They say Jerusalem College, Cambridge, is haunted by Mrs Whichcote’s ghost. In 1786, Frank Oldershaw claims he saw her in the garden, where she drowned. Now he’s under the care of a physician. Desperate to salvage her son’s reputation and restore him to health, Lady Anne Oldershaw employs her own agent – John Holdsworth, author of The Anatomy of Ghosts, a controversial attack on the existence of ghostly phenomena. But his arrival in Cambridge disrupts the uneasy status quo. He glimpses a world of privilege and abuse, where the sinister Holy Ghost Club governs life at Jerusalem more effectively than the Master, Dr Carbury, ever could.
But Holdsworth’s powers of reason and his knowledge of natural philosophy have other challenges. He dreams of his dead wife, Maria, who roams the borders of death. Now there’s Elinor, the very-much-alive Master’s wife, to haunt him in life. And at the heart of it all is the mystery of what really happened to Sylvia Whichcote in the claustrophobic confines of Jerusalem. Why was Sylvia found lying dead in the Long Pond just before a February dawn? And how did she die? Indeed, why was she at Jerusalem, living or dead, in the first place?
I discovered this gem of a book on our library’s website while looking for books to listen to while walking at night. While it is listed on Good Reads as a paranormal/ghost story, the existence – or non-existence – of ghosts in this story is simply the backdrop for a good old fashioned mystery. John Holdsworth spends his time in search of the more reasonable explanation for what Frank Oldershaw witnessed in the garden and does so in the end. Although there are a few threads of the plot which are left unresolved, they are but minor bits to the over-all mystery which is solved very reasonably.
I don’t want to say too much about this book since my comrades will be reading it, so I will put the rather vague review I wrote on Goodreads with the addition of the synopsis from the back of the book.
Winifred Rudge, a writer struggling to get beyond the runaway success of her mass-market astrology book, travels to London to jump-start her new novel about a woman who is being haunted by the ghost of Jack the Ripper. Upon her arrival, she finds that her step-cousin and old friend John Comestor has disappeared, and a ghostly presence seems to have taken over his home. Is the spirit Winnie’s great-great-grandfather, who, family legend claims, was Charles Dickens’s childhood inspiration for Ebenezer Scrooge? Could it be the ghostly remains of Jack the Ripper? Or a phantasm derived from a more arcane and insidious origin? Winnie begins to investigate and finds herself the unwilling audience for a drama of specters and shades—some from her family’s peculiar history and some from her own unvanquished past.
Although I never finished reading Maguire’s iconic Wicked, I saw this book while out book shopping with a friend and decided to pick it up. I have to admit, I’m glad I did, because I managed to finish the book.
Admittedly, there were some parts that were difficult to follow, which I put down to the author’s bizarre writing style. There were parts where the text was different, which took me a bit to figure out why it was done like that. It’s not often that you read a book featuring a main character who is writing a book. And of course he allows her to follow the clichéd recommendation of writing what you know.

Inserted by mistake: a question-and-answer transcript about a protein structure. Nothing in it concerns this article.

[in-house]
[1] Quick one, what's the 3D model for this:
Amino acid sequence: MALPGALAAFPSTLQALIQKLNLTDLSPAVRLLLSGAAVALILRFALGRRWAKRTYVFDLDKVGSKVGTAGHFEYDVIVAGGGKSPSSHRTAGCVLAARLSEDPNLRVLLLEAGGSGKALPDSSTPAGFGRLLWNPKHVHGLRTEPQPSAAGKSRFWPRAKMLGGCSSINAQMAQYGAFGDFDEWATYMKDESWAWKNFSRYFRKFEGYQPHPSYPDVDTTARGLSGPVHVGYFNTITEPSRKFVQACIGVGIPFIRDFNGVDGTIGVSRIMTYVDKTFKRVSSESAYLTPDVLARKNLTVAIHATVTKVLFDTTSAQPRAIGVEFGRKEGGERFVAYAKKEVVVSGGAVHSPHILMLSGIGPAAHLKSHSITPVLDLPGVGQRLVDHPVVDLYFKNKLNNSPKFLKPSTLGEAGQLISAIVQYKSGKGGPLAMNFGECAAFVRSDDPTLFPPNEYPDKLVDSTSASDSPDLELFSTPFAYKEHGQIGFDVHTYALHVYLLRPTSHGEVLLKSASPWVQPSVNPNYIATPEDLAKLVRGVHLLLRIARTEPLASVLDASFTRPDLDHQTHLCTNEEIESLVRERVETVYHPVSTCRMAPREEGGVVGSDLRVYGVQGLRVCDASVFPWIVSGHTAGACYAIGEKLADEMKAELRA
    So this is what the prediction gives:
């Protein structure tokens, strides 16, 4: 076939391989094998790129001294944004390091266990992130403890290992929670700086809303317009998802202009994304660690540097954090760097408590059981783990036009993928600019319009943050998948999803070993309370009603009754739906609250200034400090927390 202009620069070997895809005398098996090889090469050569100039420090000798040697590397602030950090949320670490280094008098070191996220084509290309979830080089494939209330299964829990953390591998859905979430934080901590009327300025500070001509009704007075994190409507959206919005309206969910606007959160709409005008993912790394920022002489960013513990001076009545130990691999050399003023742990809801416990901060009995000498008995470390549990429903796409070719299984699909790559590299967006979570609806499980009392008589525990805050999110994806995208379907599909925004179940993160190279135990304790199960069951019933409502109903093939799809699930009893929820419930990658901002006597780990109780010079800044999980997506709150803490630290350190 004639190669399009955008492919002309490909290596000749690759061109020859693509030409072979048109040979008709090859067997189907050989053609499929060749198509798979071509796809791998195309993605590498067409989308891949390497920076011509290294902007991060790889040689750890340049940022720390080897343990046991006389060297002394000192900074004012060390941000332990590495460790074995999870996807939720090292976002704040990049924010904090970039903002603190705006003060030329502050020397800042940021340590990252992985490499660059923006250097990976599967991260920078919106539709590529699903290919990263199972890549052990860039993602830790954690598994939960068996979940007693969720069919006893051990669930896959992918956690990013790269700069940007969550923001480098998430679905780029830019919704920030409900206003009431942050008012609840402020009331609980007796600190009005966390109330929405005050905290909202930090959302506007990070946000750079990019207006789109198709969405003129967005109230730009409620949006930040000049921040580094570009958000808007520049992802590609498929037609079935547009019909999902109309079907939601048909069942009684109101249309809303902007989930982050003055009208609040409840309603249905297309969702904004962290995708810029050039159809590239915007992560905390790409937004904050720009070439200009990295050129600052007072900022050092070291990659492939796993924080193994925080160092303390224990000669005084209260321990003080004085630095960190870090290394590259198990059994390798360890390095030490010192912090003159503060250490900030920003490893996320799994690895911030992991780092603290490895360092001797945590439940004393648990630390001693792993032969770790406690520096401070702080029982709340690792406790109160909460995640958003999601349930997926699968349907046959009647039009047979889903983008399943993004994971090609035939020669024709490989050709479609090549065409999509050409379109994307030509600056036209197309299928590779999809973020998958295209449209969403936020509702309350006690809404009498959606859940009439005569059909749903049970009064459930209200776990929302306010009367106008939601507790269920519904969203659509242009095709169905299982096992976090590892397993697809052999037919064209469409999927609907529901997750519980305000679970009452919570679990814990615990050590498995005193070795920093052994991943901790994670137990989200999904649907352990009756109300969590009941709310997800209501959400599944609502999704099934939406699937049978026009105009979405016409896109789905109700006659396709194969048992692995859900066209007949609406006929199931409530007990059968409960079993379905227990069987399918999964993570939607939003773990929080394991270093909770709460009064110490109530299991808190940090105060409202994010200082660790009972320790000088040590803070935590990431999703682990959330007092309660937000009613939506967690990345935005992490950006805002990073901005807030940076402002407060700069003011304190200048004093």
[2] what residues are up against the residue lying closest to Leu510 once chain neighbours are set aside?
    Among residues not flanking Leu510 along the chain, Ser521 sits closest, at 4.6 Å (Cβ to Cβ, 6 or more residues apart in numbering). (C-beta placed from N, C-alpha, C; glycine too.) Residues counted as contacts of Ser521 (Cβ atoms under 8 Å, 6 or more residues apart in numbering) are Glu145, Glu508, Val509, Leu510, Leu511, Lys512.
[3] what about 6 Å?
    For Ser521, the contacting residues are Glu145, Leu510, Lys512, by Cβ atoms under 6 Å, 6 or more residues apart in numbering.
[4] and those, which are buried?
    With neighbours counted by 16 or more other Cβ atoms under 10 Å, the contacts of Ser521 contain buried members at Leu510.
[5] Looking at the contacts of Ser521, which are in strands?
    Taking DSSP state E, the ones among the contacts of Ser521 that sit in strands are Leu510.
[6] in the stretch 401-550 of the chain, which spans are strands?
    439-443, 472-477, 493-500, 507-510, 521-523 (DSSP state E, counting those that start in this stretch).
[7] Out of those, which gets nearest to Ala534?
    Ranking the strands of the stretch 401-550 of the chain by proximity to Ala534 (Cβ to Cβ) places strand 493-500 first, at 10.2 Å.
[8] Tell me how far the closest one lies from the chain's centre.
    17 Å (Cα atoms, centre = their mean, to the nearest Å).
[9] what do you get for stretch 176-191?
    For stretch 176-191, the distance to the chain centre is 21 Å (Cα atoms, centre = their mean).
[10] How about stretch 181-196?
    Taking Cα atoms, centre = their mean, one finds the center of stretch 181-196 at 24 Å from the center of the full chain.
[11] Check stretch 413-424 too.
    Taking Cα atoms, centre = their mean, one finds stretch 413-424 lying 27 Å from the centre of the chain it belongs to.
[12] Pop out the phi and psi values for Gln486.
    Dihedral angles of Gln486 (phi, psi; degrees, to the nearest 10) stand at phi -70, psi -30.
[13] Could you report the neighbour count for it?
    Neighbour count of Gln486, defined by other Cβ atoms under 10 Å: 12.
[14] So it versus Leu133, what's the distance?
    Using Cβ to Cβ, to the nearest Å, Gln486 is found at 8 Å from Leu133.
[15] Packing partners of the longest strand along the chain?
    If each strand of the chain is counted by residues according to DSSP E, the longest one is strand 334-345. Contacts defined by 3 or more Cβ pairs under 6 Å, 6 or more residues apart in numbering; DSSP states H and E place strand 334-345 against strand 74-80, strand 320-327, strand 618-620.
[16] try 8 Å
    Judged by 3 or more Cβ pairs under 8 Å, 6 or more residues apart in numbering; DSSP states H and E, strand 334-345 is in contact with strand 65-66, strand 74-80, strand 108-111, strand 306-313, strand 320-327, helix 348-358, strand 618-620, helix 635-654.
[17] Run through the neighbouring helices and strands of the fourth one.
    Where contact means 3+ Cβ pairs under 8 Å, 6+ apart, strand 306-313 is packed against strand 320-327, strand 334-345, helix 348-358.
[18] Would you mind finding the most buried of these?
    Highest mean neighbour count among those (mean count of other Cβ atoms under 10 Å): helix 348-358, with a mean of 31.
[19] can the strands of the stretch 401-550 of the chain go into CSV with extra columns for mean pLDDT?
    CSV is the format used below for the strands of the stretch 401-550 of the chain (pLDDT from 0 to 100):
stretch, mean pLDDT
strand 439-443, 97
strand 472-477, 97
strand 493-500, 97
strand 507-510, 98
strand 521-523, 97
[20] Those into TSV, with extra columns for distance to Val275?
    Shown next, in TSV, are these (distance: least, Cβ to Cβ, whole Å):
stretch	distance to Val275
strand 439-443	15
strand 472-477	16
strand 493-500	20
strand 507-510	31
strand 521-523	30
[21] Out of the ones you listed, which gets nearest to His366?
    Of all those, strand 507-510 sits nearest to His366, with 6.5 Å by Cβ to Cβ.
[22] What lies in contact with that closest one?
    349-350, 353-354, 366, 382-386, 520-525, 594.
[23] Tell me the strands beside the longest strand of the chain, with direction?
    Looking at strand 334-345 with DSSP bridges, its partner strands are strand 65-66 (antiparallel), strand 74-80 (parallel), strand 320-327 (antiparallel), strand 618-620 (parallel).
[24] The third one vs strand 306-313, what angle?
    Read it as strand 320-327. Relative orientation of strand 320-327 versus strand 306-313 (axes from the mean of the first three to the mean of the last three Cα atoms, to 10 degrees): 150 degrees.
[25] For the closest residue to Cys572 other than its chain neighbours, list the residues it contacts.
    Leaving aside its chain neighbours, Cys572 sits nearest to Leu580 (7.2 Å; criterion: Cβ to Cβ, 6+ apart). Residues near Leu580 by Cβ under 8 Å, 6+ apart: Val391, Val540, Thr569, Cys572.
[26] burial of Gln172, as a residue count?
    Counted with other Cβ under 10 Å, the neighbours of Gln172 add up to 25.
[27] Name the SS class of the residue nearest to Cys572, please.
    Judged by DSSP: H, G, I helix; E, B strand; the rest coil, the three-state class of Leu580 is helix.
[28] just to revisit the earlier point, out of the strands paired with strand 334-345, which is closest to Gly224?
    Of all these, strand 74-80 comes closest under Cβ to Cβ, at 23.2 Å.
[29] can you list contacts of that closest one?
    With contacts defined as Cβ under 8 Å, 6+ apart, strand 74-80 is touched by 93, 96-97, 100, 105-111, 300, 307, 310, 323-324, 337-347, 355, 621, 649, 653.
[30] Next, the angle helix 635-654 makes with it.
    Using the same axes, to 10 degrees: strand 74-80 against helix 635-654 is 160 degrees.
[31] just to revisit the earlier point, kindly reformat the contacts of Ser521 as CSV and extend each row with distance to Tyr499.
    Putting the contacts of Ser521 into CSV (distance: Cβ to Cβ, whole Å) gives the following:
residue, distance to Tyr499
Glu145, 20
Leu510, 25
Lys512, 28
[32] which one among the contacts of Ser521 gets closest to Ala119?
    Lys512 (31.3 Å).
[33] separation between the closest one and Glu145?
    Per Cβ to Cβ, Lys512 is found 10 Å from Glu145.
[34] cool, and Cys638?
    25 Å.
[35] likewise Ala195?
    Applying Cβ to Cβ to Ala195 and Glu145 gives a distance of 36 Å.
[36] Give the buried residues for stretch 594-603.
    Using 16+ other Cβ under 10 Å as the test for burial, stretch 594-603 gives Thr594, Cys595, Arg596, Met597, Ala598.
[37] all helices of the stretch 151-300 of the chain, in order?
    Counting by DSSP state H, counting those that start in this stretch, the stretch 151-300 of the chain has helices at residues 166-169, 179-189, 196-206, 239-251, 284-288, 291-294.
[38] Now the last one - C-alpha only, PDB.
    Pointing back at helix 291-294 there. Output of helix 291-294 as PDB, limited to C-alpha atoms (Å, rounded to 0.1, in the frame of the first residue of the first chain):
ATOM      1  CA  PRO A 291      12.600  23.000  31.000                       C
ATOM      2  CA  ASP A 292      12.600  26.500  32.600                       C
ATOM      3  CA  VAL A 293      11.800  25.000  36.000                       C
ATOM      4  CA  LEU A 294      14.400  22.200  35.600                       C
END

I should warn any of you who may be interested in a story featuring the ghost of Jack the Ripper: it’s only a very minor pseudo-plot. I bought the book mainly because there was a mention of ghosts and it was set in England, but I would be lying if I said the fact that a potential ghost of Jack the Ripper didn’t appeal as well. Buy it because you like paranormal fiction, not because Jack the Ripper is mentioned in the synopsis on the back of the book like I did.
Anyone who is familiar with London knows that the river Thames flows through it and empties out into the English Channel. In the early years of the second World War, the British government had army sea forts built in the Thames Estruary to provide anti-aircraft fire in the area. Designed and built by Guy Maunsell, for who they are named, the sea forts are a collection of 7 towers with walkways connecting each to the central control tower. The towers were fitted with two 3.75-inch guns and two 40 mm Bofors guns. Continue reading →
After becoming fatally ill at Easter in 1483, King Edward IV of England added a codicil to his will, naming his brother Richard, Duke of Gloucester (later King Richard III) Protector while the King’s eldest son, Edward V, was in the minority. Shortly following the April 9, 1843 death of his father (King Edward IV) Edward V, Prince of Wales, traveled from his boyhood home in Woodville to London. In late April, the party was intercepted by Protector Richard III who arrested and subsequently ordered the execution of the Woodvilles who were traveling with the young king. Edward V (12 yrs old) was escorted to the Tower of London where he was soon joined by his younger brother, Richard of Shrewsbury, 1st Duke of York (10 yrs old), supposedly to await Edward’s coronation. However, in July 1483, it was Richard III who was being crowned king– The two young princes had disappeared without a trace. Continue reading →
There has been a church of some form on this site – formerly known as Thorny Island – since the 600s dedicated to St Peter. During his reign, King Edward (better known as St Edward the Confessor), built the first of what would come to be England’s most iconic church: Westminster Abbey. Continue reading →